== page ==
Fieldwork courses in the MScOT program are organized into a preparation portion and a practicum portion. The preparation portion of this course continues to foster students’ capacities to develop professional citizenship, reflexive application and development of knowledge, and professional presence, which will be enacted during the practicum portion of the course. This includes reflecting on their earlier fieldwork experiences, and their developing capabilities, and to continue to identify areas for personal and professional growth. Further, at this stage students critically reflect on systemic factors that shape practice, and to discern possibilities for transformative action. Through the practicum portion, students will complete eight full-time weeks, i.e., 300 hours, of fieldwork under the supervision of a preceptor. Within a particular practice area, students transition to completing the practice process with a full workload or caseload, in consultation with their preceptor. Through this transition, students reflexively apply knowledge and use various forms of reflection while engaging in the practice process, building on the capabilities they have developed during their earlier coursework and fieldwork experiences, and integrating the knowledge they continue to develop within the practicum.

 

Summer Term (May - Aug.)

Fieldwork Placement: Reflection in Action (Level 3B)

Fieldwork courses in the MScOT program are organized into a preparation portion and a practicum portion. The preparation portion of this course continues to foster students’ capacities to develop professional citizenship, reflexive application and development of knowledge, and professional presence, which will be enacted during the practicum portion of the course. This includes reflecting on their earlier fieldwork experiences, and their developing capabilities, and to continue to identify areas for personal and professional growth. Further, at this stage students critically reflect on systemic factors that shape practice, and to discern possibilities for transformative action. Through the practicum portion, students will complete eight full-time weeks, i.e., 300 hours, of fieldwork under the supervision of a preceptor. Within a particular practice area, students transition to completing the practice process with a full workload or caseload, in consultation with their preceptor. Through this transition, students reflexively apply knowledge and use various forms of reflection while engaging in the practice process, building on the capabilities they have developed during their earlier coursework and fieldwork experiences, and integrating the knowledge they continue to develop within the practicum.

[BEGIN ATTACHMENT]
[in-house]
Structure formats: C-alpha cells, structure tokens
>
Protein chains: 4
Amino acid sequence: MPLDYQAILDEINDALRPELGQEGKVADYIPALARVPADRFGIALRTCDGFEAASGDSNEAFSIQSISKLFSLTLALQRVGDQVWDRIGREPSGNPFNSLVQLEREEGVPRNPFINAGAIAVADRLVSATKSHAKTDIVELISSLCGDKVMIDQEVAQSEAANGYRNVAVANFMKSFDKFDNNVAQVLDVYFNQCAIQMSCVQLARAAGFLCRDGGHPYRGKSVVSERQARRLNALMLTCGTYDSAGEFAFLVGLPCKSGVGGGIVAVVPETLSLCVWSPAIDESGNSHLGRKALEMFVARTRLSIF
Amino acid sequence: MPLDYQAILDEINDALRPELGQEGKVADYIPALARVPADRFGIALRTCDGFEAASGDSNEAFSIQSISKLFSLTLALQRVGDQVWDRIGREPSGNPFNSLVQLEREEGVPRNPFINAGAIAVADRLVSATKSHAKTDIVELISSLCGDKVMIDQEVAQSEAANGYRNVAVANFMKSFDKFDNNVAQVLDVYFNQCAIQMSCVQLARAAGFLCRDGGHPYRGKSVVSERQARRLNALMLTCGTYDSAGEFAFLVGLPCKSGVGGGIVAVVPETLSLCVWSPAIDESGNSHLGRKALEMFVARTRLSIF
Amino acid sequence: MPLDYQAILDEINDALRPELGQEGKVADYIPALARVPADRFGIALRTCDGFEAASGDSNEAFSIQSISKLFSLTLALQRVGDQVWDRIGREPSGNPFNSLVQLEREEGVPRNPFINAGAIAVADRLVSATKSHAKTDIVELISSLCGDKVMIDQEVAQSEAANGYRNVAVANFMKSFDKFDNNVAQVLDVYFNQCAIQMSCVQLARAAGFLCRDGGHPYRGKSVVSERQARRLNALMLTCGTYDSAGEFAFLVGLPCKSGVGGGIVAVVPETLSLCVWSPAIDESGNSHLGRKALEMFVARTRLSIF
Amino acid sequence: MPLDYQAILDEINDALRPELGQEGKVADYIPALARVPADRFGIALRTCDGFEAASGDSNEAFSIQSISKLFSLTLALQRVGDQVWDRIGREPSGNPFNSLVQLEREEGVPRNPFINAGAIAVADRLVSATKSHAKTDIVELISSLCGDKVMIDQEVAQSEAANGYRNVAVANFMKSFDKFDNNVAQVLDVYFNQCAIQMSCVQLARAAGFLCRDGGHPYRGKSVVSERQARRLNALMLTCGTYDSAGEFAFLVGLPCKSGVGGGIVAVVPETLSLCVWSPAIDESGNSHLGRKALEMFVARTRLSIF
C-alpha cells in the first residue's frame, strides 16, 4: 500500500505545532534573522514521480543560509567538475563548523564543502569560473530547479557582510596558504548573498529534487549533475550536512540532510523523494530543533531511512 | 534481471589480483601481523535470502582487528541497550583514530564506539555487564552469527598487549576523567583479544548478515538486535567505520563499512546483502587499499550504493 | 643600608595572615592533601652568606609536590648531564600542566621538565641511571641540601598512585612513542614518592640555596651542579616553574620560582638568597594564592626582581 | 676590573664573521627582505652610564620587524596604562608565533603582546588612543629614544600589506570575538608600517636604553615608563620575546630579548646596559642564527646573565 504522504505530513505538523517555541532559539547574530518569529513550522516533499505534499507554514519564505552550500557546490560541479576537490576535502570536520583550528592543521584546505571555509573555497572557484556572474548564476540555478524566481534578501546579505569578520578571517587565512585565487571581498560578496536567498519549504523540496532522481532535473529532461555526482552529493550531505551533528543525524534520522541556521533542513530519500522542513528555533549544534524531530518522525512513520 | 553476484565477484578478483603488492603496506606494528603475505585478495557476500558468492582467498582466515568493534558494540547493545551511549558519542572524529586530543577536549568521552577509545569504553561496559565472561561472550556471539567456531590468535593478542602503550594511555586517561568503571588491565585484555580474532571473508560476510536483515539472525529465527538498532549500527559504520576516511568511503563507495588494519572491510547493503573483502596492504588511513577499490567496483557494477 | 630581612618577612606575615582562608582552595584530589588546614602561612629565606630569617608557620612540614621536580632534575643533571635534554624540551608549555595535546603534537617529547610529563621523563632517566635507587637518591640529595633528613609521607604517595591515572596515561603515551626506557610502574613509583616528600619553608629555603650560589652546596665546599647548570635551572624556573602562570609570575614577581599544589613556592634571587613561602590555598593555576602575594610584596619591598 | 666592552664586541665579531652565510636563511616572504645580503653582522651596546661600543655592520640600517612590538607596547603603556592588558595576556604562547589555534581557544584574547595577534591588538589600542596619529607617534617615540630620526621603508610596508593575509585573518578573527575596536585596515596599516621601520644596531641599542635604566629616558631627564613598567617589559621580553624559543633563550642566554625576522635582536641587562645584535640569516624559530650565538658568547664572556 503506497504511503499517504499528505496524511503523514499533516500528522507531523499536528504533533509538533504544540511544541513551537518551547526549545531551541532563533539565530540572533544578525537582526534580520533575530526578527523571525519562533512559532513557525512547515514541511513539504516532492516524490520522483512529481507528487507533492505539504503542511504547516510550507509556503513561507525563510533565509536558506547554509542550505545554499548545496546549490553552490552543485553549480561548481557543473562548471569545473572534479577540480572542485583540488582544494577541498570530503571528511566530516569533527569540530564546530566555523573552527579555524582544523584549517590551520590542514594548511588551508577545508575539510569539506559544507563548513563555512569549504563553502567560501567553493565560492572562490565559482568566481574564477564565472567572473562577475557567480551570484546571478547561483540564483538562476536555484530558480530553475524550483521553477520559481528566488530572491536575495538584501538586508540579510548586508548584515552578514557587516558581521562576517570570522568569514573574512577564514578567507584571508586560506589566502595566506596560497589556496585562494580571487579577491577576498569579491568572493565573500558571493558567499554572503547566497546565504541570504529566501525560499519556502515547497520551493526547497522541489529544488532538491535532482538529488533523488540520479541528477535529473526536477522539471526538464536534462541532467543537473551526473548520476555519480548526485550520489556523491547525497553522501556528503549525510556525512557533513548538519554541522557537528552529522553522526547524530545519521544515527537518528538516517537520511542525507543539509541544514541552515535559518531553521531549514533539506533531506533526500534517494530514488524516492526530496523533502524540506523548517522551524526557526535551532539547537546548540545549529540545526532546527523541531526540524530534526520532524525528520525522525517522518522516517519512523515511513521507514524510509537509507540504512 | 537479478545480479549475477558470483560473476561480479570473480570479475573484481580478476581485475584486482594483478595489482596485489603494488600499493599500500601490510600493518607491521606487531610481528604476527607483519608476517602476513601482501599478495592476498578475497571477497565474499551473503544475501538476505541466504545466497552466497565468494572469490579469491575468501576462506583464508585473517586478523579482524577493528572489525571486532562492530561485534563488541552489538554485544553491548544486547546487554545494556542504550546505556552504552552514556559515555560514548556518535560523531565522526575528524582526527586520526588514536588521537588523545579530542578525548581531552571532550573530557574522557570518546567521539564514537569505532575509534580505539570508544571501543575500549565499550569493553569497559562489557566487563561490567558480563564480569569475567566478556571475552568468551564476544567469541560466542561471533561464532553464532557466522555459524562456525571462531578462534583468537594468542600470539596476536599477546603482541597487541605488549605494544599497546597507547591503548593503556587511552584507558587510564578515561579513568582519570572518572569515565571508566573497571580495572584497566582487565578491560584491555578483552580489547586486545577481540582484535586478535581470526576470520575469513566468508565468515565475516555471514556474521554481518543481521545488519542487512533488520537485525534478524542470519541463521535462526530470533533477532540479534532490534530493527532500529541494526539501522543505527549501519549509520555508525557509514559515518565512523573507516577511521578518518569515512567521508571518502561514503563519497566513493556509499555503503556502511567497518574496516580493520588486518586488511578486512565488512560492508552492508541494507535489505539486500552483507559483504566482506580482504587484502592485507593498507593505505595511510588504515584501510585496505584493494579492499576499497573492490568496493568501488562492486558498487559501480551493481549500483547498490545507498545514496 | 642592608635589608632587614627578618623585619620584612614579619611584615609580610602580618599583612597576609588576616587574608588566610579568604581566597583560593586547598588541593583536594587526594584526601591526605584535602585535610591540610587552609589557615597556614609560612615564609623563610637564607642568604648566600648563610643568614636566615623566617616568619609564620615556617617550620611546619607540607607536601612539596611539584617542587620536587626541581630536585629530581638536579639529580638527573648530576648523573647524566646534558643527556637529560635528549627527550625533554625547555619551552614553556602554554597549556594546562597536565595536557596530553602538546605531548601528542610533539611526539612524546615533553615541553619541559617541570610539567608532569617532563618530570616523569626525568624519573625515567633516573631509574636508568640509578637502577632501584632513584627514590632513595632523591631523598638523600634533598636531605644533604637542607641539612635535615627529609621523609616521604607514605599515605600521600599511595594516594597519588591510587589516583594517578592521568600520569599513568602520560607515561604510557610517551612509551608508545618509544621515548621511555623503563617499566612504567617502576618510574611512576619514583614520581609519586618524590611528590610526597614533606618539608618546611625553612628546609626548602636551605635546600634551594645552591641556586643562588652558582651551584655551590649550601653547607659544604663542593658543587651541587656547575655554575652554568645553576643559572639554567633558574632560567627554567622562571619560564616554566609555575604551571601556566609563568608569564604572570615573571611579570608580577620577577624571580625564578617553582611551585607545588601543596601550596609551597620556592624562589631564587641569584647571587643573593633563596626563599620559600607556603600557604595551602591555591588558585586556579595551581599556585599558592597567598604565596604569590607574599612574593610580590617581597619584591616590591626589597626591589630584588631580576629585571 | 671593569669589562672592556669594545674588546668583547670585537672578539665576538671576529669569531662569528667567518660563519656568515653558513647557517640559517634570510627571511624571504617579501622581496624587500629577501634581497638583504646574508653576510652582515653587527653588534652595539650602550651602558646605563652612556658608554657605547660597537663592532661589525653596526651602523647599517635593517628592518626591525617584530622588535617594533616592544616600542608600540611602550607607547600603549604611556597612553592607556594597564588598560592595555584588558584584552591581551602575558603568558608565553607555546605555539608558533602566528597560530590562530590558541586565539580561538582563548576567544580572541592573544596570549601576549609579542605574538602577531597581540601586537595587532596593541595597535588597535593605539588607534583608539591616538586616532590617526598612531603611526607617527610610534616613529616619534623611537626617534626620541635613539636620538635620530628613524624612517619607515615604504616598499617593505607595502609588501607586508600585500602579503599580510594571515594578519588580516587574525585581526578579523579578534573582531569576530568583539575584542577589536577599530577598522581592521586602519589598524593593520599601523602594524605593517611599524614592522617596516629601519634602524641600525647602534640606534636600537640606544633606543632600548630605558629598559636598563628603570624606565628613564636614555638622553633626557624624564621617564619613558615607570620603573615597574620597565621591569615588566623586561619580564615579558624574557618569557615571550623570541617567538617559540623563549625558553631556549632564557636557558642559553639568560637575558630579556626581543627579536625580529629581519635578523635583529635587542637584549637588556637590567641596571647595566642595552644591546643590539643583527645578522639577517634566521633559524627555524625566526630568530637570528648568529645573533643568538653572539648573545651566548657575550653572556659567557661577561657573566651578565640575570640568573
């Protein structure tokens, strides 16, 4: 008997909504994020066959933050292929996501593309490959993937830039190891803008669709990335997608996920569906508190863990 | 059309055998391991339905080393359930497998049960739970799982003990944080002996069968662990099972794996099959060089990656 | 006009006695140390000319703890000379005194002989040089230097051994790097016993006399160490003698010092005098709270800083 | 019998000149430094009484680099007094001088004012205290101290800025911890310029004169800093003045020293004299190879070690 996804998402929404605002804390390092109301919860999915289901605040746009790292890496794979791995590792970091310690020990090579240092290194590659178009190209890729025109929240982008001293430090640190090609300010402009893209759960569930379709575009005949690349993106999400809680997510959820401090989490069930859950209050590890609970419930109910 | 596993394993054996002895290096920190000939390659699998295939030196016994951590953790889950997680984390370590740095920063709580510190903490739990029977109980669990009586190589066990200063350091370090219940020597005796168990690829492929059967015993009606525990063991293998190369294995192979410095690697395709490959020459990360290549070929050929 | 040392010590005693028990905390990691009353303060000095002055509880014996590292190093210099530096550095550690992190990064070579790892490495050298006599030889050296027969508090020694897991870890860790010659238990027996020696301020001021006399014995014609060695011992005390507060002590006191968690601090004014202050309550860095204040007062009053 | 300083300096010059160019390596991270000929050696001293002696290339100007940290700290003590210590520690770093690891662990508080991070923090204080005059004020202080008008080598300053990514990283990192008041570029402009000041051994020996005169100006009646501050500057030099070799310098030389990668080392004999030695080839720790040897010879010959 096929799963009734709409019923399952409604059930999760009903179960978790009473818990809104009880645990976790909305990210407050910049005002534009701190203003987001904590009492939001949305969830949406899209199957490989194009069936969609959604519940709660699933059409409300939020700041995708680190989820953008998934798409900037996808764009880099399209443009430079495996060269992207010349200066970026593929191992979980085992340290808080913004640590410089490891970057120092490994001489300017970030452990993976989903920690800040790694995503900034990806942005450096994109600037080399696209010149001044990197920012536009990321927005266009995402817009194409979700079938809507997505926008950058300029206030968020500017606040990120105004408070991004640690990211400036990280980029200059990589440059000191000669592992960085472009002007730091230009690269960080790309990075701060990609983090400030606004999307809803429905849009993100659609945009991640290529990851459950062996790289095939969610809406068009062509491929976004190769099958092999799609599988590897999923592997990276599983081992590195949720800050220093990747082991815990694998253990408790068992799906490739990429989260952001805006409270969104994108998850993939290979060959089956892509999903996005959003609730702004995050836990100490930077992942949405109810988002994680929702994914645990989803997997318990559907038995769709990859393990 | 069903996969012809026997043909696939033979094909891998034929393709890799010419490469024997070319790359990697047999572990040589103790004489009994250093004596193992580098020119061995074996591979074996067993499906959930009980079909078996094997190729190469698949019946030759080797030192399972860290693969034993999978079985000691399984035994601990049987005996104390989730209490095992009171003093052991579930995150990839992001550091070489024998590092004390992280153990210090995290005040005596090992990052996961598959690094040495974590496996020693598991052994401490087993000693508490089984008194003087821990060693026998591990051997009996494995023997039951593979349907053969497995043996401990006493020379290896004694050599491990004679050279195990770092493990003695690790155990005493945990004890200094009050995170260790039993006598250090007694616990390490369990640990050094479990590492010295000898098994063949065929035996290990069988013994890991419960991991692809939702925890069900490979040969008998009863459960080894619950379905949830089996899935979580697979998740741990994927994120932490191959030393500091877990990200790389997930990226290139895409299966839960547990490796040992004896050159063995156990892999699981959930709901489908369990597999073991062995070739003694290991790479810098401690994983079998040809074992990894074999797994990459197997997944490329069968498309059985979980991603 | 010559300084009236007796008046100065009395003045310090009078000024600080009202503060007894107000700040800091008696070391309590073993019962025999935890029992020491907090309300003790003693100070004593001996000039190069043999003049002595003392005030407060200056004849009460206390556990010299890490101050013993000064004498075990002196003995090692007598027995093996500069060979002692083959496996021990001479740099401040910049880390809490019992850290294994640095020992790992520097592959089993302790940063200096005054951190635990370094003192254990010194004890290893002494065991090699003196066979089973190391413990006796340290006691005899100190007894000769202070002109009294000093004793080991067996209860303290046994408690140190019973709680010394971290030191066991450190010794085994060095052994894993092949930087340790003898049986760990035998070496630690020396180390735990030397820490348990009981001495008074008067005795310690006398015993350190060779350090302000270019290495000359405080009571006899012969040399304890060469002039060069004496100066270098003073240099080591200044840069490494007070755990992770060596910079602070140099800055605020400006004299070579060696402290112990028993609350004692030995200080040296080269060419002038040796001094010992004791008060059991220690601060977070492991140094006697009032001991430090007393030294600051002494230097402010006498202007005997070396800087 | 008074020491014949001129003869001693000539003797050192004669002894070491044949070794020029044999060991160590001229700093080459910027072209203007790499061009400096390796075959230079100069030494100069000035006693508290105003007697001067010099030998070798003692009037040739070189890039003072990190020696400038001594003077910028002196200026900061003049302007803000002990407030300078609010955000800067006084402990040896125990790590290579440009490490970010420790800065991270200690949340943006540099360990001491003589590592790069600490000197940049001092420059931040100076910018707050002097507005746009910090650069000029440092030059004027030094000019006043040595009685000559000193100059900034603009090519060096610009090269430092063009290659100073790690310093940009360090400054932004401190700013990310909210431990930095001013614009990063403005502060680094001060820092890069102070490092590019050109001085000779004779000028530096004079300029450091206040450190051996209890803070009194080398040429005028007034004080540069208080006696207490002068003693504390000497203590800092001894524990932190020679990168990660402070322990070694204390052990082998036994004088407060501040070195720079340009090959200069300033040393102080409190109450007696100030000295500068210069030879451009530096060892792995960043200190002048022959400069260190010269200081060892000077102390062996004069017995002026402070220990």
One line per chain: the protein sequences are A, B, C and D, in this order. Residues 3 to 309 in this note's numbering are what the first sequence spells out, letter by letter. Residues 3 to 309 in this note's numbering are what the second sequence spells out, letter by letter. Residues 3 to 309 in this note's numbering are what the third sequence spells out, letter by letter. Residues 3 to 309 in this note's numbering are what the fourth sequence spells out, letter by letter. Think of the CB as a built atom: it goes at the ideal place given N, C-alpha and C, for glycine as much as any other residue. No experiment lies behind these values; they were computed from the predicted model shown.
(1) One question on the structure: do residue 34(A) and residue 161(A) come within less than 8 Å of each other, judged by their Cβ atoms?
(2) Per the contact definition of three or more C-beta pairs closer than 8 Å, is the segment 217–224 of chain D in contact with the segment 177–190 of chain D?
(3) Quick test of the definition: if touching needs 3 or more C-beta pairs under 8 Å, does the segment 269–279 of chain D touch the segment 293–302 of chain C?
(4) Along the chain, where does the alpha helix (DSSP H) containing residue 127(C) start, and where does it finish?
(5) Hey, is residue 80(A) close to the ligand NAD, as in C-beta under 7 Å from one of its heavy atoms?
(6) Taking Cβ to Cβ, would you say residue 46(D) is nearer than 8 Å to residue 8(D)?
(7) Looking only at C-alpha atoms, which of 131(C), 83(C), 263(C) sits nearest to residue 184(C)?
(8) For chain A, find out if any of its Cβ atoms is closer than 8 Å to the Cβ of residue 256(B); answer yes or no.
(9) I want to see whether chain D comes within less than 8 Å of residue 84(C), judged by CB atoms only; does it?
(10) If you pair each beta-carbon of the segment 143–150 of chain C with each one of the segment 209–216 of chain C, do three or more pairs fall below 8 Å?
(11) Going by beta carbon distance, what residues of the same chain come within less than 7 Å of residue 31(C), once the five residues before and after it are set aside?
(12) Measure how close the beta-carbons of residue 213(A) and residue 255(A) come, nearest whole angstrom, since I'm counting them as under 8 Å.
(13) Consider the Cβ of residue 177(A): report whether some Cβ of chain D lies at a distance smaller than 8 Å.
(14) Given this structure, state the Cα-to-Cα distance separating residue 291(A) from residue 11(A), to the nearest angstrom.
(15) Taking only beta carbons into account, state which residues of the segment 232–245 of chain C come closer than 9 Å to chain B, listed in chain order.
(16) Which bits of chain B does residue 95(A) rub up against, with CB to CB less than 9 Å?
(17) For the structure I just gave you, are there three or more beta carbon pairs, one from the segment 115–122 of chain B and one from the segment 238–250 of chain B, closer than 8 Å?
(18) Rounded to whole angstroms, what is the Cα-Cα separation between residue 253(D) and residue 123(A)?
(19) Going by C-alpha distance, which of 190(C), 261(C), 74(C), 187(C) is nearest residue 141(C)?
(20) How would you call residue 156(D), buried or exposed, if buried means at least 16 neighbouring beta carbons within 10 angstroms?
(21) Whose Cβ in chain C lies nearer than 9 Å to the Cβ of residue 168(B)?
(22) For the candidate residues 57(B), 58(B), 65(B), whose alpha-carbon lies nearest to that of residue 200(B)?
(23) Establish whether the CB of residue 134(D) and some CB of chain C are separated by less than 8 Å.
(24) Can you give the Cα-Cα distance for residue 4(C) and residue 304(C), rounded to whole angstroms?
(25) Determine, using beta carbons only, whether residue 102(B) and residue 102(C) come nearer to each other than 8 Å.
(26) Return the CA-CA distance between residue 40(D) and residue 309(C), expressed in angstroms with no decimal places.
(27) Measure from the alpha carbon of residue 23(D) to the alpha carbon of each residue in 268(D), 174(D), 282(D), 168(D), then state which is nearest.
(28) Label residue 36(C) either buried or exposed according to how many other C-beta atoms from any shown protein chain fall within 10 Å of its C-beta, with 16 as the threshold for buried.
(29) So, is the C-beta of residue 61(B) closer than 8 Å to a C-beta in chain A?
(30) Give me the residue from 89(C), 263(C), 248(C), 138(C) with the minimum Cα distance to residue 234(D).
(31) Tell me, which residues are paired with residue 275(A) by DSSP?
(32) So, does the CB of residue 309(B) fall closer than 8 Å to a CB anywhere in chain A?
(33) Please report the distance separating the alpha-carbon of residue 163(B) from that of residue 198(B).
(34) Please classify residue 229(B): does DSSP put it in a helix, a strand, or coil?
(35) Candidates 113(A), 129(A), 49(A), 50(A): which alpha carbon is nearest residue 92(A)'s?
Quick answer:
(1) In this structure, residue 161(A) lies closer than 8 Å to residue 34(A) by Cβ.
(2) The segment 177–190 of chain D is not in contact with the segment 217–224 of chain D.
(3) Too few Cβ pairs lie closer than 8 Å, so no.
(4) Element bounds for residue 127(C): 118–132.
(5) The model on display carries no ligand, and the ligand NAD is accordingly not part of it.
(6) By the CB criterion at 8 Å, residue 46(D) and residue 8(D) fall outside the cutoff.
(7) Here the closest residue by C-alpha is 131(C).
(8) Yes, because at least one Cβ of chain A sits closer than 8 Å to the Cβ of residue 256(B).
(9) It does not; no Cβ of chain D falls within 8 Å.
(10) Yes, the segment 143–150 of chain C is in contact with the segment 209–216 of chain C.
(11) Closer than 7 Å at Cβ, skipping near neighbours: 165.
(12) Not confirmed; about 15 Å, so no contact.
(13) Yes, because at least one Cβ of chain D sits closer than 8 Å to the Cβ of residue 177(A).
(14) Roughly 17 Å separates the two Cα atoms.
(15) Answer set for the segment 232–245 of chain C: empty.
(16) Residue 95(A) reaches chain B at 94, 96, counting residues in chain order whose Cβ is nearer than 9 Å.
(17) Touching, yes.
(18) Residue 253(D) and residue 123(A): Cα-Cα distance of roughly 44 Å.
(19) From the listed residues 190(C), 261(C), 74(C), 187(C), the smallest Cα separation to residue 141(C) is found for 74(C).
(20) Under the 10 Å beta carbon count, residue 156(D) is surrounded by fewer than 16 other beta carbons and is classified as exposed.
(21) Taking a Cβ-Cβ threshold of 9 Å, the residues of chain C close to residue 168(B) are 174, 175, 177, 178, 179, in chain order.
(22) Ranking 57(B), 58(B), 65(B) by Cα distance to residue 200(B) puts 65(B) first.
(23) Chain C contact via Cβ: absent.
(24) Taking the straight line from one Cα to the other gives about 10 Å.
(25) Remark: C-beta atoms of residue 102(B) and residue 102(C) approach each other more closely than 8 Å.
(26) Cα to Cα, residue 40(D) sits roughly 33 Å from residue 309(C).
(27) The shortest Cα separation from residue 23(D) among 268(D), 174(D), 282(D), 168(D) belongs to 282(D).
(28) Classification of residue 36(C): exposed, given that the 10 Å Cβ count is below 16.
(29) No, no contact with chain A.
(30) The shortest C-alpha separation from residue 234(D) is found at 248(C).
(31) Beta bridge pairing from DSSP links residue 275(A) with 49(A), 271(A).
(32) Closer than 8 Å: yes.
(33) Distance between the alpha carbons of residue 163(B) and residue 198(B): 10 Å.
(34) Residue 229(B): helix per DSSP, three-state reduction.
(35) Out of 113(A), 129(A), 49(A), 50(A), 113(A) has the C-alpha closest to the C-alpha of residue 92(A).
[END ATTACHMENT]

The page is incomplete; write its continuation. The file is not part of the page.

Consolidation of Practice Knowledge

In this fully online course, students will proficiently consolidate and demonstrate the competencies they have learned in the classroom and in fieldwork. By doing so, they will individually refine their professional reasoning and practice management skills required to become scholarly practitioners committed to client-centred and evidence-informed practice. Through case-based learning, students will engage in simulated scenarios, from initiation of the therapeutic relationship through to discharge.